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As an amateur rugby referee who spent the 2005 season refereeing in New Zealand and took part in the RugbySmart campaign I was interested to read the analysis by Quarrie et al of its impact on spinal injuries.1 As they point out, most of the reduction in injuries was accounted for by a reduction in scrum related injuries. Whether a similar campaign would be equally effective in Britain is unclear, given the recent 2006 changes in the scrum engagement procedure; but as pointed out in the accompanying editorial it can certainly do no harm.2
The paper highlighted another area of concern; seven out of eight spinal injuries occurred at the tackle. Over the past 10 years there has been an increase in the high impact, chest high “ball and all” tackle. This area of the game is now associated with the most injuries,3 and this type of tackle puts the tackling player at risk of a head on torso collision and spinal injury.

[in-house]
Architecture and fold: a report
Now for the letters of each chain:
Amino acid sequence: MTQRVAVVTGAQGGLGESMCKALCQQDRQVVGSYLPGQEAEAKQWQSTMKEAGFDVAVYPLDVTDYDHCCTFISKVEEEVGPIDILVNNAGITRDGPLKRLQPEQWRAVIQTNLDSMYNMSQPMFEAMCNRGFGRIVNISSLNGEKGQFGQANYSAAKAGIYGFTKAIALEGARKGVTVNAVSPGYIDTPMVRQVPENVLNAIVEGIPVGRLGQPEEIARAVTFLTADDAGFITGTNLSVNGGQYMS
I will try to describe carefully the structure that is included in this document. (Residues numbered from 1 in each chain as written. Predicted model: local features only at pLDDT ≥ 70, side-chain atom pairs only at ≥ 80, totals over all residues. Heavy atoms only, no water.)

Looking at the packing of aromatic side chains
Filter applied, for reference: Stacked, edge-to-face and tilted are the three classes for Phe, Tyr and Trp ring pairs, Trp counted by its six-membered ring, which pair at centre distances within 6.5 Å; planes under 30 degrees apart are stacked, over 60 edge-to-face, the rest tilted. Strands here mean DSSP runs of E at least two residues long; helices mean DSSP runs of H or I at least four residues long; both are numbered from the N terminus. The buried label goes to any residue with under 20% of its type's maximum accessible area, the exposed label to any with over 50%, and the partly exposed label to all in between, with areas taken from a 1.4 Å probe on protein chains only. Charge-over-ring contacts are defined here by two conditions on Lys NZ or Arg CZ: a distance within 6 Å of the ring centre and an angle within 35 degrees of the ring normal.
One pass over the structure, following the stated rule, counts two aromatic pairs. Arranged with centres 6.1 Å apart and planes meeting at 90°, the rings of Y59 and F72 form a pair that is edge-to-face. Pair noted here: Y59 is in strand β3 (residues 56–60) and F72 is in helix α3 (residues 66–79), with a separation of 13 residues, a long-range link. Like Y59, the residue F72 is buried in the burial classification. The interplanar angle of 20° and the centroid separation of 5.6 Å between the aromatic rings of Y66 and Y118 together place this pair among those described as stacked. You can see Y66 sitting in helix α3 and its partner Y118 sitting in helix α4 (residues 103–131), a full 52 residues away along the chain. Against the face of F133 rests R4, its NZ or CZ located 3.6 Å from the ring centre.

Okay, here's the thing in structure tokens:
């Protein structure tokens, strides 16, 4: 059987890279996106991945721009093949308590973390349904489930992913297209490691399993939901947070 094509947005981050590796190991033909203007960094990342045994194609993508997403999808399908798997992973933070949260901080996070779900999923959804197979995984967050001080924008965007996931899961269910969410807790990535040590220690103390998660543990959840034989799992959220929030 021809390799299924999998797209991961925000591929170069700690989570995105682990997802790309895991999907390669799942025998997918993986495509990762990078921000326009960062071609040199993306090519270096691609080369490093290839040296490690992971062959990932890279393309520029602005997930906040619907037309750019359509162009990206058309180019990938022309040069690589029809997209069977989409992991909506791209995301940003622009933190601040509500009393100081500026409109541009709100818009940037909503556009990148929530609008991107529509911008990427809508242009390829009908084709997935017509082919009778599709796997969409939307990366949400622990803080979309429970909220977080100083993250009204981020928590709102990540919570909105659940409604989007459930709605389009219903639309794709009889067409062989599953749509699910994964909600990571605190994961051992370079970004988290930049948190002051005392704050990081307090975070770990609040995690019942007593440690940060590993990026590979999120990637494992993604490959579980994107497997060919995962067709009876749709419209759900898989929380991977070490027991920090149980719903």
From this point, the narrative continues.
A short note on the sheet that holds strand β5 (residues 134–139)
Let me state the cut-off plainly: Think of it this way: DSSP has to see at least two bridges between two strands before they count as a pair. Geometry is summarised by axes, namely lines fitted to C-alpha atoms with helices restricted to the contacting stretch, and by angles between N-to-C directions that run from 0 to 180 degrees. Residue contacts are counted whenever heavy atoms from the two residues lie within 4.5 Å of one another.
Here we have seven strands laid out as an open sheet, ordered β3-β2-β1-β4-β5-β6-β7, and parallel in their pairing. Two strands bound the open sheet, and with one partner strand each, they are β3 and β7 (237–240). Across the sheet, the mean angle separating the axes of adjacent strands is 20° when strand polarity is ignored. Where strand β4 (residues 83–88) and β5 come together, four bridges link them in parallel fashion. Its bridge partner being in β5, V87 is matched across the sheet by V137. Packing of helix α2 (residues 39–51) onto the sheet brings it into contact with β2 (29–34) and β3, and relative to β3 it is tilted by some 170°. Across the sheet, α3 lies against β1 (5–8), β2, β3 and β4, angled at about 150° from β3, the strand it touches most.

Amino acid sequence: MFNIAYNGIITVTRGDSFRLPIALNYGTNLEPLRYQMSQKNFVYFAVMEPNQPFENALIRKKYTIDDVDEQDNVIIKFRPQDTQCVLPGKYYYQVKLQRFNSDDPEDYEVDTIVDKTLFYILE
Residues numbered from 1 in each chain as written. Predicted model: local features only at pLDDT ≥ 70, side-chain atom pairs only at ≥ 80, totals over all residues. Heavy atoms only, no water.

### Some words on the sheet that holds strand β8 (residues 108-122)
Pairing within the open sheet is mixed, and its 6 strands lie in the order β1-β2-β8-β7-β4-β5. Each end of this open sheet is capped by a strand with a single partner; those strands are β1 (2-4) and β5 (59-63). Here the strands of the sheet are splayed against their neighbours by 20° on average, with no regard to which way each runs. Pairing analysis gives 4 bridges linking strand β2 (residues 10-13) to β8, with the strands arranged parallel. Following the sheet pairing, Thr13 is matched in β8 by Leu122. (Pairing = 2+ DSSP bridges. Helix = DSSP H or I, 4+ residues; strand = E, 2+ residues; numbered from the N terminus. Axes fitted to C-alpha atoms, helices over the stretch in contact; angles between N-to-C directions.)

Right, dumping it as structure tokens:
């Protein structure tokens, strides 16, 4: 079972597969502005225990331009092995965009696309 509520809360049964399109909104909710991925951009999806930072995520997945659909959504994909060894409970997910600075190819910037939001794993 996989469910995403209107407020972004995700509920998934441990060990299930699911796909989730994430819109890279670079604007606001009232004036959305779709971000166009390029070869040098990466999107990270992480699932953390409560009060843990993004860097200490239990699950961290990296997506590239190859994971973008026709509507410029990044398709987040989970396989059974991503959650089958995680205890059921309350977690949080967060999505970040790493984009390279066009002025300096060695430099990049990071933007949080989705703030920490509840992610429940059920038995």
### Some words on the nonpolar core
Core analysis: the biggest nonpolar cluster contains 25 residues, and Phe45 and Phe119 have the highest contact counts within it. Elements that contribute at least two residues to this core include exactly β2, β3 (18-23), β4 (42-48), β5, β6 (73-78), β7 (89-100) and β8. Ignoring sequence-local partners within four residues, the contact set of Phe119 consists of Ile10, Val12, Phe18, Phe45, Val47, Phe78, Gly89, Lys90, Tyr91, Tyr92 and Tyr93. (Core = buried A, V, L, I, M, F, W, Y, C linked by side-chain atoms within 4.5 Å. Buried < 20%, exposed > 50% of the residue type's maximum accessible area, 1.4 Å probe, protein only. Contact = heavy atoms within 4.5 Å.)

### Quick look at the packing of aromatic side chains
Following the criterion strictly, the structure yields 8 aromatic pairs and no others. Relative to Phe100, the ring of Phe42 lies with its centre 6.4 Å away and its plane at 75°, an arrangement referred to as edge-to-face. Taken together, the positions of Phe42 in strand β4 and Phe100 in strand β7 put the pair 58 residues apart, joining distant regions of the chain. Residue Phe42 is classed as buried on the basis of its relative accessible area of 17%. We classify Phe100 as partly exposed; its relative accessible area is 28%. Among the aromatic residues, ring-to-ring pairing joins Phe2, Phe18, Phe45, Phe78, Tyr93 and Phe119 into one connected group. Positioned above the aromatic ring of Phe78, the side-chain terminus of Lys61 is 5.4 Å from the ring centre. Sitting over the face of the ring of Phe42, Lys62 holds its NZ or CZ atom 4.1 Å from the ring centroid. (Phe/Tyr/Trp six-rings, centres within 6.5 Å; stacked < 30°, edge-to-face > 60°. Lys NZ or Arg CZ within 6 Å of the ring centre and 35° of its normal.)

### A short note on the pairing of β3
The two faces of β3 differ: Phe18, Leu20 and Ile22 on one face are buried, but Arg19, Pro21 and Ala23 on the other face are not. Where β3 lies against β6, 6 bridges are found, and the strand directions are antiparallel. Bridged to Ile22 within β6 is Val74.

Instead of further debates over banning the scrum we should concentrate on improving the safety at the tackle area by legislation and educational initiatives similar to those described by Quarrie et al.
Competing interests: APG is a rugby referee who took part in the RugbySmart campaign.